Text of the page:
- the establishment of a 24/7 Traffic Operations Centre, to ensure that the condition of the traffic lights can be monitored continuously so that technicians can be dispatched timeously to carry out repairs.”
 
4.    War on Potholes
Over the past year the City has fixed 119,483 potholes, resulting to a significant increase of 26,945 or 22% more pothole repairs compared to the previous period (2015/2016). Following several torrential downpours between November 2016 and January 2017 which damaged roads across the City and causing proliferation of potholes, repairs were prioritized.

To address the crisis, I declared a “War on Potholes” and committed an additional R88 million to fast-track the repair of failing road surfaces.

5.    Critical economic road upgrades
R30-million upgrade project to this project, where the M2 – Main Reef interchange starts. This upgrade will mean that traffic congestion will decline while access will improve.

The Main Reef Interchange plays a critical role in the City’s road network. The interchange links the M1, M2, M7, N1 and R24 which are some of the major freeways forming the backbone of the City’s road network.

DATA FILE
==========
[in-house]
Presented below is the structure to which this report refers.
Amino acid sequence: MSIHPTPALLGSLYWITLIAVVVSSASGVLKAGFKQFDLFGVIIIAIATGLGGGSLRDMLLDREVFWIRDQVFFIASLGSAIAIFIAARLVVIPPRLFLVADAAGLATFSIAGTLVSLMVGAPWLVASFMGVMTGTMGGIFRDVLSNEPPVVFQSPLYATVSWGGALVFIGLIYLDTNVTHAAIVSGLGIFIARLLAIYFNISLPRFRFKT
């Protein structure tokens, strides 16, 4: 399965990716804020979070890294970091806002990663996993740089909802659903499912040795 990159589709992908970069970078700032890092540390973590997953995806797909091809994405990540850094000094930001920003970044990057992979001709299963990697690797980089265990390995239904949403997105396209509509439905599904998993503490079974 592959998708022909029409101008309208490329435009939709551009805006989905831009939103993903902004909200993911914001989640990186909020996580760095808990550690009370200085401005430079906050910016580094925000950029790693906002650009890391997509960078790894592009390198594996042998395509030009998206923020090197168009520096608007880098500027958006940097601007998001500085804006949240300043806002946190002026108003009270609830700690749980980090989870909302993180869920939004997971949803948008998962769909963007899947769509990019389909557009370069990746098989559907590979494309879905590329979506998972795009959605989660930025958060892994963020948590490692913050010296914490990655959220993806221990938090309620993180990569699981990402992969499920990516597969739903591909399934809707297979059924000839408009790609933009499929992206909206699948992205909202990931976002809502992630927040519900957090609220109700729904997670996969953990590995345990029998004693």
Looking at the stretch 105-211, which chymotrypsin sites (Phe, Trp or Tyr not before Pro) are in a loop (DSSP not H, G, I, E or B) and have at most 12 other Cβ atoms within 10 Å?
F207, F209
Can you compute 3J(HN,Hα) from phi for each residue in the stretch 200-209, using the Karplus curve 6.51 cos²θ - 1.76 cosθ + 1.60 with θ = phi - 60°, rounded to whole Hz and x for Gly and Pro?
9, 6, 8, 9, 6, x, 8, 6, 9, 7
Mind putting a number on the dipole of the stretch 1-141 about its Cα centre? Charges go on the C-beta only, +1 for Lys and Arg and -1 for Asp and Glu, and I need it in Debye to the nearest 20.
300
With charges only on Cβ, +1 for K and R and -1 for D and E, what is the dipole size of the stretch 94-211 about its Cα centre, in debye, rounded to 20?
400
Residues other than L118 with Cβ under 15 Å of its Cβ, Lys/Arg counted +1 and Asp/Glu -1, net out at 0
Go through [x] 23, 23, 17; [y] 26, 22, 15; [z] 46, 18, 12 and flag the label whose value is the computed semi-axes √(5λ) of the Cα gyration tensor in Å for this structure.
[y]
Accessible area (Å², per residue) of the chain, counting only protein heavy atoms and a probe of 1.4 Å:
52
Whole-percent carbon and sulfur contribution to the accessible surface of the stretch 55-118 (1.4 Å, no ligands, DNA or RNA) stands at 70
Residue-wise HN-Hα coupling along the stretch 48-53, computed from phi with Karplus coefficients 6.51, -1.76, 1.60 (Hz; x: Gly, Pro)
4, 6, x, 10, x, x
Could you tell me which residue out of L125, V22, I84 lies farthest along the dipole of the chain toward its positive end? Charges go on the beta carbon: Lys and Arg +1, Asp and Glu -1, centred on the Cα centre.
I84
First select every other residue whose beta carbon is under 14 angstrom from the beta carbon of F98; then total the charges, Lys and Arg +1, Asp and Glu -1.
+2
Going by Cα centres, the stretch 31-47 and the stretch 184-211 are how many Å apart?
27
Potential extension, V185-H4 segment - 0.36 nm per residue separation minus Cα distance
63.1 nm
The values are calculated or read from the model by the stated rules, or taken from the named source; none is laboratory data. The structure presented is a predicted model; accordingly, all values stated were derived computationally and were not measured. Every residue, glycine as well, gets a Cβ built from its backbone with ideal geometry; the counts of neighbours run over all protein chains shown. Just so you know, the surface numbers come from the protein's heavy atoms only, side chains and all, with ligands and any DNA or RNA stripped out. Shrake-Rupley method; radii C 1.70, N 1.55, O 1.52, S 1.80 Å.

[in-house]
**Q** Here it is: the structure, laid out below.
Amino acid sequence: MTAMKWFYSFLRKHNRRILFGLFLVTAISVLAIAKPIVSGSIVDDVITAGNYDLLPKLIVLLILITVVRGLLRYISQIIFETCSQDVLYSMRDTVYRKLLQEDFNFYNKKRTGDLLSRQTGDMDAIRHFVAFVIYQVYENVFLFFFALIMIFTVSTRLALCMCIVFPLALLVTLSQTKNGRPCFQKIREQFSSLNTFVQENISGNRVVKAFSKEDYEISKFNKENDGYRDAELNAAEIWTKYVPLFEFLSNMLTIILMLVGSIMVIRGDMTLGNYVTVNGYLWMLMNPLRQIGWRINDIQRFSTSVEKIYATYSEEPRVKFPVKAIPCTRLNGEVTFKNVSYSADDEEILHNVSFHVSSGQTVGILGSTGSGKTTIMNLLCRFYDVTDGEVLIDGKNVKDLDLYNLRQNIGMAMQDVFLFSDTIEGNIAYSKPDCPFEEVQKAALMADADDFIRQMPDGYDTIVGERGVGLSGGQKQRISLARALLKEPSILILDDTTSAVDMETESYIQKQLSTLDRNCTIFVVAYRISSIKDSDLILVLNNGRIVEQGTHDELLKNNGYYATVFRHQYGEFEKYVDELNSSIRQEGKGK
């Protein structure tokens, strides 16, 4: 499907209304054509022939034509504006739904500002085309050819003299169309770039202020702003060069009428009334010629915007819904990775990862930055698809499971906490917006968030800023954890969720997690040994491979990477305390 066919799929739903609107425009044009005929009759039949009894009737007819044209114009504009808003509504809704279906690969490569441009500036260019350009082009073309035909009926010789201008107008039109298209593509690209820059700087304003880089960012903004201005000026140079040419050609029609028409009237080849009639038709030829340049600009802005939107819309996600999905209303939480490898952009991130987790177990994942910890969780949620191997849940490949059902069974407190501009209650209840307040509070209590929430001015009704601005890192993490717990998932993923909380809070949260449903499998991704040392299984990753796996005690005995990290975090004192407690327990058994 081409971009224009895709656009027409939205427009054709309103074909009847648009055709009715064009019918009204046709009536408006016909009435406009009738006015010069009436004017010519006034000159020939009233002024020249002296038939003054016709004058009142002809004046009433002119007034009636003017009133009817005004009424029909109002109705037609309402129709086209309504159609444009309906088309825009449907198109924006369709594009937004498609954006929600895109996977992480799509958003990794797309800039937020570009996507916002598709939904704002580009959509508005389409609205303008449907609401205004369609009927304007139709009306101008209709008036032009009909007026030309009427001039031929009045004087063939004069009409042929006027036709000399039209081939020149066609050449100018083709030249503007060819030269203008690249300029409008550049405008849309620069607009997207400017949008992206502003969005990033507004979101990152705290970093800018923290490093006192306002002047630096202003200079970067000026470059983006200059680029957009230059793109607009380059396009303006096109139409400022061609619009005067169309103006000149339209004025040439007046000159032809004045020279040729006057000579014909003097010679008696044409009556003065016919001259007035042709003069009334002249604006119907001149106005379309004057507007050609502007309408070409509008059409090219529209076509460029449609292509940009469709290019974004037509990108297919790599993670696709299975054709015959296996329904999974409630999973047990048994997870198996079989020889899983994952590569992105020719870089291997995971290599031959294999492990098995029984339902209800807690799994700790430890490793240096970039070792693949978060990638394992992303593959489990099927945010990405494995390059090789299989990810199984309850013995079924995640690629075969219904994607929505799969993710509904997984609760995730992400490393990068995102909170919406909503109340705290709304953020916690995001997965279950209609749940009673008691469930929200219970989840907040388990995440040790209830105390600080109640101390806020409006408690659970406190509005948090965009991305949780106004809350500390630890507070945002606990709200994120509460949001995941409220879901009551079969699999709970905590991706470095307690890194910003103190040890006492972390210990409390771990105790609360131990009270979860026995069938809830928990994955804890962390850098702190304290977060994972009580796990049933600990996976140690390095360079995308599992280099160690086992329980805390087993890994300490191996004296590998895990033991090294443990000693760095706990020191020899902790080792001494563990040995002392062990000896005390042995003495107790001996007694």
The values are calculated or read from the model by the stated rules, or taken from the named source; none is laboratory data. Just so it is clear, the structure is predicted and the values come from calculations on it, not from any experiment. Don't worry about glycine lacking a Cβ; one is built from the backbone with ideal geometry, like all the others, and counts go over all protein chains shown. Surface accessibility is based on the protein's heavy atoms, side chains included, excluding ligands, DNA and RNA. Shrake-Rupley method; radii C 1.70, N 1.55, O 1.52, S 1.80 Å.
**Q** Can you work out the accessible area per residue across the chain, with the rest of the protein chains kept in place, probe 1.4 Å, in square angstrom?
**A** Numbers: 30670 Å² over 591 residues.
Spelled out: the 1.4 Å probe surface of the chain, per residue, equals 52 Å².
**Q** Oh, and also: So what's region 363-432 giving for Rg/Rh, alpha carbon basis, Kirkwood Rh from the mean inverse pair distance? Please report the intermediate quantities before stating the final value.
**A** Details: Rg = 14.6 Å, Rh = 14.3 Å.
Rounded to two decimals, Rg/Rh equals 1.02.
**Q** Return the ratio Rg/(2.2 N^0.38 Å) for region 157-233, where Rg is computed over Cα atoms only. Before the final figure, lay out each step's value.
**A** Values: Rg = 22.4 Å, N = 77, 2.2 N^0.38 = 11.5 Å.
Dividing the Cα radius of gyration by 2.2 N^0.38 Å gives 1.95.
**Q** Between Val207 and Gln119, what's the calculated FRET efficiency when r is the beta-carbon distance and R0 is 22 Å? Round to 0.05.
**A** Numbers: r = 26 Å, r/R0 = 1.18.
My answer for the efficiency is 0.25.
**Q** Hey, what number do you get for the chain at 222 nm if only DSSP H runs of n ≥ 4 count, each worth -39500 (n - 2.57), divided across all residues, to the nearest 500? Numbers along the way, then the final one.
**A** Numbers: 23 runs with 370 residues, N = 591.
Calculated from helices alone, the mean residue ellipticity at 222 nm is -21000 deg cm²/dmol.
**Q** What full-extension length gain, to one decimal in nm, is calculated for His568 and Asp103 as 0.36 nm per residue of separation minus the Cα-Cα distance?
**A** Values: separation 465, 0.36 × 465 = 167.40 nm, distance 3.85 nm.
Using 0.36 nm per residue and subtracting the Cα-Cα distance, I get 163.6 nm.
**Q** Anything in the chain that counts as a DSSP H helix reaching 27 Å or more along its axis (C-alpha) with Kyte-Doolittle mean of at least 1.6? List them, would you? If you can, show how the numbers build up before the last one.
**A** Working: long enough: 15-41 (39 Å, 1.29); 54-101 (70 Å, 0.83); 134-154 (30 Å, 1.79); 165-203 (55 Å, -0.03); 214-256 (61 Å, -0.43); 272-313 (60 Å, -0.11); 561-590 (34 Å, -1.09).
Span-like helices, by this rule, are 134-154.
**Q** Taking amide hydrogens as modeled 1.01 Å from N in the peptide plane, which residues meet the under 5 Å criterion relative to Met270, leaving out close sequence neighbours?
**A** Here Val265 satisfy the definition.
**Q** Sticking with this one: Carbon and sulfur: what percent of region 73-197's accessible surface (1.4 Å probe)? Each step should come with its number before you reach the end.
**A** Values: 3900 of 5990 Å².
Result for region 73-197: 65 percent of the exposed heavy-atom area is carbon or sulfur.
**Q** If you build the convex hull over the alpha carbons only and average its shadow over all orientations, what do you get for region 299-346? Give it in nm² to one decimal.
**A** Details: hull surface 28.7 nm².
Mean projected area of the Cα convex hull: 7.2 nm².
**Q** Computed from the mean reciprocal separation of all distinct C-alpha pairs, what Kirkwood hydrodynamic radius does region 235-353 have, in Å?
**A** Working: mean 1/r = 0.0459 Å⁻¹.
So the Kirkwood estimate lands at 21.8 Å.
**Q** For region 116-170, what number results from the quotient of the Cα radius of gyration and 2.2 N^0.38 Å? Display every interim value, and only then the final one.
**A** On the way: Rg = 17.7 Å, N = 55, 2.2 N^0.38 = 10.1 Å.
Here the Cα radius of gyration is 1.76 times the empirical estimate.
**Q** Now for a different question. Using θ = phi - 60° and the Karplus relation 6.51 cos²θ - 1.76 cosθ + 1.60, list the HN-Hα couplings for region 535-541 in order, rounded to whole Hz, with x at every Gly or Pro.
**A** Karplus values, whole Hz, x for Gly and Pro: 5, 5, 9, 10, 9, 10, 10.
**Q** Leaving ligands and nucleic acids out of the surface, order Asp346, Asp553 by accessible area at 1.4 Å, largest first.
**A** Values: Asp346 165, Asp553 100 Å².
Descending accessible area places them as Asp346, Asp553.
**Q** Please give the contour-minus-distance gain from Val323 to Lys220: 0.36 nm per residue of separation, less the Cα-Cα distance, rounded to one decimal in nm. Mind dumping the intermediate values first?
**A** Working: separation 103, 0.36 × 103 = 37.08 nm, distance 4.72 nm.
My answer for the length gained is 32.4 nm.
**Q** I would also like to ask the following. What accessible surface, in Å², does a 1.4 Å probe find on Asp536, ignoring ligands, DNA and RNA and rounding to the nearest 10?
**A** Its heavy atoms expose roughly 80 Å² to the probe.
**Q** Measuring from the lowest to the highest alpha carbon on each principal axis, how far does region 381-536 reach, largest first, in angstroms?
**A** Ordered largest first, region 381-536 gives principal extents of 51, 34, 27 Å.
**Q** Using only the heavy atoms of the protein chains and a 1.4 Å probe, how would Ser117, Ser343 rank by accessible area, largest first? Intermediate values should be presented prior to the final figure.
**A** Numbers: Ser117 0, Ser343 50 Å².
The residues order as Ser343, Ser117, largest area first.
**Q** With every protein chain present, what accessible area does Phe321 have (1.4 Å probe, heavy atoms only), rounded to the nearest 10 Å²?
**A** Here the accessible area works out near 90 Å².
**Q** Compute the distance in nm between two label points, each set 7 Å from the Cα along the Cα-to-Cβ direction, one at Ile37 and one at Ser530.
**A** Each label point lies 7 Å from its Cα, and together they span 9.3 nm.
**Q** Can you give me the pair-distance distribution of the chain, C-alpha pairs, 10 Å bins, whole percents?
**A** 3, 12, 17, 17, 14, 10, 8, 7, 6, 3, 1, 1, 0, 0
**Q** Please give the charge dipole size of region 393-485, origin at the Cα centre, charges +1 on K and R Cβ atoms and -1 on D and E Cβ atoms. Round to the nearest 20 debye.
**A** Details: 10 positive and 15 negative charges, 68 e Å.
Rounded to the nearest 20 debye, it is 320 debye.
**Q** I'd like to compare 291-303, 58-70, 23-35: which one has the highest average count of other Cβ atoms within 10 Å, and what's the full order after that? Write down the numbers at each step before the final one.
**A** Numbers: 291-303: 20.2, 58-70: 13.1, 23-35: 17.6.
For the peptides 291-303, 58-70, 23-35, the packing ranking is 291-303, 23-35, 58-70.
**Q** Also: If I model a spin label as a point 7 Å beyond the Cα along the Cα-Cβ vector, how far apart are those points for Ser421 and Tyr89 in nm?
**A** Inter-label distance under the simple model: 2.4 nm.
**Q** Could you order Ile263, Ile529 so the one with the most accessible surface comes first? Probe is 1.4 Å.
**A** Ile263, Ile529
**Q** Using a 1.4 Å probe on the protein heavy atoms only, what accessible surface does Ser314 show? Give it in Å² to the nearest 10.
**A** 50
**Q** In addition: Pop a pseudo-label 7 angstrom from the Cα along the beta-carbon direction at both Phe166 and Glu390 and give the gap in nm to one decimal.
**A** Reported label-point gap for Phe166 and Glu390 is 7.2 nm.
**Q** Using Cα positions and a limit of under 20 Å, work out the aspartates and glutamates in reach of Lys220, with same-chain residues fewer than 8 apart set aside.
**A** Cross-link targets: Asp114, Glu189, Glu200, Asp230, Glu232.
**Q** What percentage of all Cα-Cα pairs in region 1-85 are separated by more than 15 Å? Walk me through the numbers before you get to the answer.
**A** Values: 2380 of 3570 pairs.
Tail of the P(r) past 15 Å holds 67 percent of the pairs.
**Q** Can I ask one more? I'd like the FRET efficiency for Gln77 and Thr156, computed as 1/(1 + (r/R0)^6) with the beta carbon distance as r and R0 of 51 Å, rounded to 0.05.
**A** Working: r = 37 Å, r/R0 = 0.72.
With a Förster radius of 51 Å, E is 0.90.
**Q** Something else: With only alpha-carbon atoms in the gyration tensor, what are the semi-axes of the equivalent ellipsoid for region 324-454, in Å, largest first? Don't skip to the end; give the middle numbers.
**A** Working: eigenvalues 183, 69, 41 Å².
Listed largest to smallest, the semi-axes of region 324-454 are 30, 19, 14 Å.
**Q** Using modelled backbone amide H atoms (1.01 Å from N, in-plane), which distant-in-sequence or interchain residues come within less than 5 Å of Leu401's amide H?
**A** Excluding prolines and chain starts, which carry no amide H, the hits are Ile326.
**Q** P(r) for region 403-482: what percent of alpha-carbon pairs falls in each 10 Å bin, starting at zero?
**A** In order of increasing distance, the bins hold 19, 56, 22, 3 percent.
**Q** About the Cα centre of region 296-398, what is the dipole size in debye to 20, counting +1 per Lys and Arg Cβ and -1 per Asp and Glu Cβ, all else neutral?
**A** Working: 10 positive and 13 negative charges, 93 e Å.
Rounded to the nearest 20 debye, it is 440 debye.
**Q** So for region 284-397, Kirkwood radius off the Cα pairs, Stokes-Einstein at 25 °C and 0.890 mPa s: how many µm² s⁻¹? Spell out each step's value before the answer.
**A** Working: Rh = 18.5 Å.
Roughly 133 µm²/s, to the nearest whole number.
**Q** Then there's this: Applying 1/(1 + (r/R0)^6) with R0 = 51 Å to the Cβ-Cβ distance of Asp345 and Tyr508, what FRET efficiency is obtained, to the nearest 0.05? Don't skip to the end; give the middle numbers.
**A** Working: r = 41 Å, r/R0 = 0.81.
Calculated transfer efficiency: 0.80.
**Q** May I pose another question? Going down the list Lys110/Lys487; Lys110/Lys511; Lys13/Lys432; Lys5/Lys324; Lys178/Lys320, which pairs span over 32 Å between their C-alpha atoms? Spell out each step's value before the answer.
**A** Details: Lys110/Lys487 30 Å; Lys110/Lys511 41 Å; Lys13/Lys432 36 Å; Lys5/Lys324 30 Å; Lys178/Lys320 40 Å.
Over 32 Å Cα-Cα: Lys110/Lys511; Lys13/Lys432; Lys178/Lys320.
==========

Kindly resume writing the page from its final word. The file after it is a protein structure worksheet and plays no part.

This construction project forms part of the City’s future network upgrades plan, the roads are an essential link for many businesses as well as commuters on their way to and from work and will help further our goals of achieving 5% economic growth within the City, and ensuring a safe and reliable transport network for our residents.

The project includes a combination of additional lanes and signal optimisation and is expected to be completed by 15 December 2017.

The upgrades entail road widening between Treu Road/ Park Drive and Crownwood Road and a dedicated new lane from Church Street up to the M1/M2 Motorway. The works will include traffic signal optimisation from Production Road, Dorado Avenue intersections up to Treu Road / Park Drive, It is also important to note that Johannesburg’s road network links to the provincial and national roads network.

Q. How important is revitalising the inner city?
In December of 2016, Council voted to amend the Supply Chain Management Policy. This policy will see the city administering an open tender system. Tenders will now be broken down into smaller parts in order for small businesses to benefit. 

The rejuvenation of the Inner City is a key priority for the new administration. Last week, the City’s Council approved our plan for tackling the housing challenge within city. The plan seeks to create safe, clean and connected communities with access to economic opportunities.